A Christless democracy will be as bad as...

For consider that the Gospel which proclaims Jesus as the Saviour is the only thing which deals with the deepest fact in our natures, the fact of sin; gives a personal Deliverer from its power; communicates a new life of which the very essence is righteousness, and which brings with it new motives, new impulses, and new powers.

Contrast with this the inadequate diagnosis of the disease and the consequent imperfection of the remedy which other physicians of the world's sickness present. Most of them only aim at repressing outward acts. None of them touch more than a part of the whole dreadful circumference of the dark orb of evil. Law restrains actions. Ethics proclaims principles which... it has no power to realize. It shows men a shining height, but leaves them lame and grovelling in the mire. Education casts out the demon of ignorance, and makes the demons whom it does not cast out more polite and perilous. It brings its own evils in its train. Every kind of crop has weeds which spring with it. The social and political changes, which are eagerly preached now, will do much; but one thing, which is the all-important thing, they will not do, they will not change the nature of the individuals who make up the community. And till that nature is changed any form of society will produce its own growth of evils. A Christless democracy will be as bad as, if not worse than, a Christless monarchy or aristocracy. If the bricks remain the same, it does not much matter into what shape you build them.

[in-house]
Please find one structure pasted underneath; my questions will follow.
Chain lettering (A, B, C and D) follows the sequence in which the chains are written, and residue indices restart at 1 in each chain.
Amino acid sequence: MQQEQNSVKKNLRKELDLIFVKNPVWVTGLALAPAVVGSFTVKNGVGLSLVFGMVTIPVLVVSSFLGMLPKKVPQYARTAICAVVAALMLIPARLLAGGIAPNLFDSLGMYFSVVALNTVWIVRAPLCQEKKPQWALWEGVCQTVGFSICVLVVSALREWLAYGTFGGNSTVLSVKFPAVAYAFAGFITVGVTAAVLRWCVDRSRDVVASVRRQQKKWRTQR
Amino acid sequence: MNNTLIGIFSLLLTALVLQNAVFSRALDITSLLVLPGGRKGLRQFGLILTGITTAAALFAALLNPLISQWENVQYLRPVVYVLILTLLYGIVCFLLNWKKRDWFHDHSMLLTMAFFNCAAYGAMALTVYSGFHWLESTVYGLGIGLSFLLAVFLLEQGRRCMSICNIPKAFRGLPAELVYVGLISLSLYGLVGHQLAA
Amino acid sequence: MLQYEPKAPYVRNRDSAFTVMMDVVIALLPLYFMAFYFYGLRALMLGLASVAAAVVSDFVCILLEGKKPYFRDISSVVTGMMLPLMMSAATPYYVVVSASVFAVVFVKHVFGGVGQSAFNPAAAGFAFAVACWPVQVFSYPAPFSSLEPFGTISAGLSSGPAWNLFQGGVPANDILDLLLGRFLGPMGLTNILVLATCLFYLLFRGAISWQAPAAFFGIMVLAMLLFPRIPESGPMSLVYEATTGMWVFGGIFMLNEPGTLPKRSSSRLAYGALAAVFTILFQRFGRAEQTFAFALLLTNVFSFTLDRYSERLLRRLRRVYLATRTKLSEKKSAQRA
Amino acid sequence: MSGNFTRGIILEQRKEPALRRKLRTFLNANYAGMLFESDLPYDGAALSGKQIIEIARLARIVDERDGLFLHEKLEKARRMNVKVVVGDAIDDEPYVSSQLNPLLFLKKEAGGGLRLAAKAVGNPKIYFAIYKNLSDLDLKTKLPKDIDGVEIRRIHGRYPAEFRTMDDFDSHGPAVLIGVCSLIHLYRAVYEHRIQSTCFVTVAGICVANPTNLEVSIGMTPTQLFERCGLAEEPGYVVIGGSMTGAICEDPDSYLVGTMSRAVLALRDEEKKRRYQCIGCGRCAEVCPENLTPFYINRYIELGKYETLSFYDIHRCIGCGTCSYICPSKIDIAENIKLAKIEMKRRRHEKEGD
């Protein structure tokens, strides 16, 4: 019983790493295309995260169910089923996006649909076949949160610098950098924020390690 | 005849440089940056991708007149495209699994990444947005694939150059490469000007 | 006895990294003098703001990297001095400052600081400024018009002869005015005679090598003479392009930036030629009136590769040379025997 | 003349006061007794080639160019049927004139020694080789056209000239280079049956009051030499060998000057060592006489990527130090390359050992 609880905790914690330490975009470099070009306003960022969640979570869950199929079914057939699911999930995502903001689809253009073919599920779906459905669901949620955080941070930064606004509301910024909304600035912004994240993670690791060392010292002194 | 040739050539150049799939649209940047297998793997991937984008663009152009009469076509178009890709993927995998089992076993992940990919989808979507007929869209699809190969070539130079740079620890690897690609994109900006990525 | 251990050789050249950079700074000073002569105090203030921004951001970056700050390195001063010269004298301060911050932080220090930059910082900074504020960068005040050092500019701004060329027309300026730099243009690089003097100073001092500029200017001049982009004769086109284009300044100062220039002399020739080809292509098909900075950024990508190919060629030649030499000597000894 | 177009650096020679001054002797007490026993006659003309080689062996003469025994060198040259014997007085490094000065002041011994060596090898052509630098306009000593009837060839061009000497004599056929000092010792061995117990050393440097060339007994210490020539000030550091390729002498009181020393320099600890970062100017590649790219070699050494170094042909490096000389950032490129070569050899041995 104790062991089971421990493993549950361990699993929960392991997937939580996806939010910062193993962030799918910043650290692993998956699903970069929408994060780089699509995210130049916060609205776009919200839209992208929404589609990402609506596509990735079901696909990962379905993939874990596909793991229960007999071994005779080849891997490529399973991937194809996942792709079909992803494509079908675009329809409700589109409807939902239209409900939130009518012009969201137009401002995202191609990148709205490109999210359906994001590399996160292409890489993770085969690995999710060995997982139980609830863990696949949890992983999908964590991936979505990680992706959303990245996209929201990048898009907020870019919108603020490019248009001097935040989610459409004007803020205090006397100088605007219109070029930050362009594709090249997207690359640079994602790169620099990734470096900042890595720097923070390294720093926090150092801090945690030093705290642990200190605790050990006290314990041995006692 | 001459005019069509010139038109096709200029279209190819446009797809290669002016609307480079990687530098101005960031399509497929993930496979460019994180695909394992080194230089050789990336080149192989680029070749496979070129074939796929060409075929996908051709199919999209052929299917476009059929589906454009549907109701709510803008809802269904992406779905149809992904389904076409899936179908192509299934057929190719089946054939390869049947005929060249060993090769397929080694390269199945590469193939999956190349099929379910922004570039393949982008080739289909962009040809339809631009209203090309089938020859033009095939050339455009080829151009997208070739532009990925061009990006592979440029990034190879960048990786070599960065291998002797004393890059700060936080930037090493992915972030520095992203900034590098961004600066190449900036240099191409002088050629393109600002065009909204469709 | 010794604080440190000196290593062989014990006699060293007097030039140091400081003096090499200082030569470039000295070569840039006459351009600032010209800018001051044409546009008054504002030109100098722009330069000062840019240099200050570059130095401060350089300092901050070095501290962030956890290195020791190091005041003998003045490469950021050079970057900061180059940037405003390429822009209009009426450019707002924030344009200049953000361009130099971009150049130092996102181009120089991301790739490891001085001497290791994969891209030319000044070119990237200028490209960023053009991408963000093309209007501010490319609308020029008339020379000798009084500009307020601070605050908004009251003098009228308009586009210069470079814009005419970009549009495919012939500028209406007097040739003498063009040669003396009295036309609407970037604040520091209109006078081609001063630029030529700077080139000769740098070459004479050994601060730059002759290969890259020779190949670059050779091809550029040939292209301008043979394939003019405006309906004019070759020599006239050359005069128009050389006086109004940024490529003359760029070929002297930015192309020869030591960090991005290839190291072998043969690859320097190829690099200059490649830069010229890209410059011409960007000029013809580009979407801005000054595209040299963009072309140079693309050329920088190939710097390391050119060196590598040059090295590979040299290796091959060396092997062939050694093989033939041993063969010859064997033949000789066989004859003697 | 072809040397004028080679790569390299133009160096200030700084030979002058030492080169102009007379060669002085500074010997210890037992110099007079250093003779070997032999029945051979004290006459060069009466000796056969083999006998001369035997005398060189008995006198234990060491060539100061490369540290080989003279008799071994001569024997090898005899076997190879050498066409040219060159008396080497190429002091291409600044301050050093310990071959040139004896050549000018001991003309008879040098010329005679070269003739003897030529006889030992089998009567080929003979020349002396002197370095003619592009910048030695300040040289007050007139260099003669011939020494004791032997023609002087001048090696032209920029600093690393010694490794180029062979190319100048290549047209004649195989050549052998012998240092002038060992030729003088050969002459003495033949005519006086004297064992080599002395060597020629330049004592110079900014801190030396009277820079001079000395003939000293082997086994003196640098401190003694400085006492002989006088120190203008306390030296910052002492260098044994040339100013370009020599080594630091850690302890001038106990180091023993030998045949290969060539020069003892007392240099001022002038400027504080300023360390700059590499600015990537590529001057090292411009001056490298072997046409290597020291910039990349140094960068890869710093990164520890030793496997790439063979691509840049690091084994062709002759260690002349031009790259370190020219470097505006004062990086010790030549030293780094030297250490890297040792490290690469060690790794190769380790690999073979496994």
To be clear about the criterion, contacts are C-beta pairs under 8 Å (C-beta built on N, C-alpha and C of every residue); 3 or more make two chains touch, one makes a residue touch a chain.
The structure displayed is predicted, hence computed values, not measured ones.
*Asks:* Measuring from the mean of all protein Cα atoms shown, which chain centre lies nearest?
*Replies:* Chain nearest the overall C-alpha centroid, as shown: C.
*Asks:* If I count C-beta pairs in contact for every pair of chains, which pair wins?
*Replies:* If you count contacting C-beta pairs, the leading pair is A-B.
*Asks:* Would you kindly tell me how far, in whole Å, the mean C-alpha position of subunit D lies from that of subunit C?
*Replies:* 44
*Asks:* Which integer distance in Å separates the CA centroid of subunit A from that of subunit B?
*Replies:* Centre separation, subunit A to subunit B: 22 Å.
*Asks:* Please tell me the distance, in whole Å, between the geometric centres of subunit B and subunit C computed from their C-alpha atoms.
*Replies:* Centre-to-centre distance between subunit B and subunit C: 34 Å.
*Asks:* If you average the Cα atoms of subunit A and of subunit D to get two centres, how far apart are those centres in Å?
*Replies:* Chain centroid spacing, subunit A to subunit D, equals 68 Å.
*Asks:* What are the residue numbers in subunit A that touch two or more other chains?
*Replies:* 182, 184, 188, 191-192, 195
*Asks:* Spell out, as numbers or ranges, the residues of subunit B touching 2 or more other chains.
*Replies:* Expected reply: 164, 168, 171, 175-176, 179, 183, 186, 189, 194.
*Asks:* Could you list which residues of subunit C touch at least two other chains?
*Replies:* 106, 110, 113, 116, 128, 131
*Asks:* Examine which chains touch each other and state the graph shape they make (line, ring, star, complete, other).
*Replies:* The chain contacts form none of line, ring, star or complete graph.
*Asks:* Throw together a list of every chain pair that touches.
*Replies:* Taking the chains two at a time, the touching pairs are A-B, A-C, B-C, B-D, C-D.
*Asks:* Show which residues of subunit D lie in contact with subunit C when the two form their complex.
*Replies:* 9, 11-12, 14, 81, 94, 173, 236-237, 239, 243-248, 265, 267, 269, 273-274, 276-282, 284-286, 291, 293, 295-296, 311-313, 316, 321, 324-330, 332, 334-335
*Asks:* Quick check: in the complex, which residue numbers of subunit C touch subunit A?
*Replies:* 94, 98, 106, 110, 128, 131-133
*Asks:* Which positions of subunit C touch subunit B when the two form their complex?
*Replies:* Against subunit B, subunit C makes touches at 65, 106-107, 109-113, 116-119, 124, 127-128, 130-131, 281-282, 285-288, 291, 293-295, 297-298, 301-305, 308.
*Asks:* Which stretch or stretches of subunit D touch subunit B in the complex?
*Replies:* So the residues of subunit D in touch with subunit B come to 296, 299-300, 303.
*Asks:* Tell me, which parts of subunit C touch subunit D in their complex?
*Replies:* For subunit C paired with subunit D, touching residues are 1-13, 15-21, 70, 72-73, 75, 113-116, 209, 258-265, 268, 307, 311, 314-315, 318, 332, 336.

-From a sermon on Acts 19:11-17 in Expositions of Holy Scripture: Acts Chapter 13 to End by Alexander Maclaren (pp 176-7).

 

Joseph and his wife, Heidi, have two children, Tate and Eliza Jane. Joseph graduated from Vanderbilt University and Clearnote Pastors College. Joseph serves as pastor of Clearnote Church in Indianapolis, Indiana.

Tags: 

Comments

I've had a similar idea, that whatever kind of officially atheist government and culture we're headed for will be particularly nasty, especially in contrast to the European experience of the past century. Over there, they still have 500-year-old cathedrals they are proud of, and because nobody really takes Christ seriously, they're able to be softly, politely post-Christian.

But if there's one thing Americans are not, it's soft, and we're not known for being polite. We don't have any 500-year-old cathedrals to be proud of. We may have more regenerate per capita, but that just makes our culture clamor all the louder. I expect the eventual American post-Christianity to be much, much uglier than it is in Europe.

Add new comment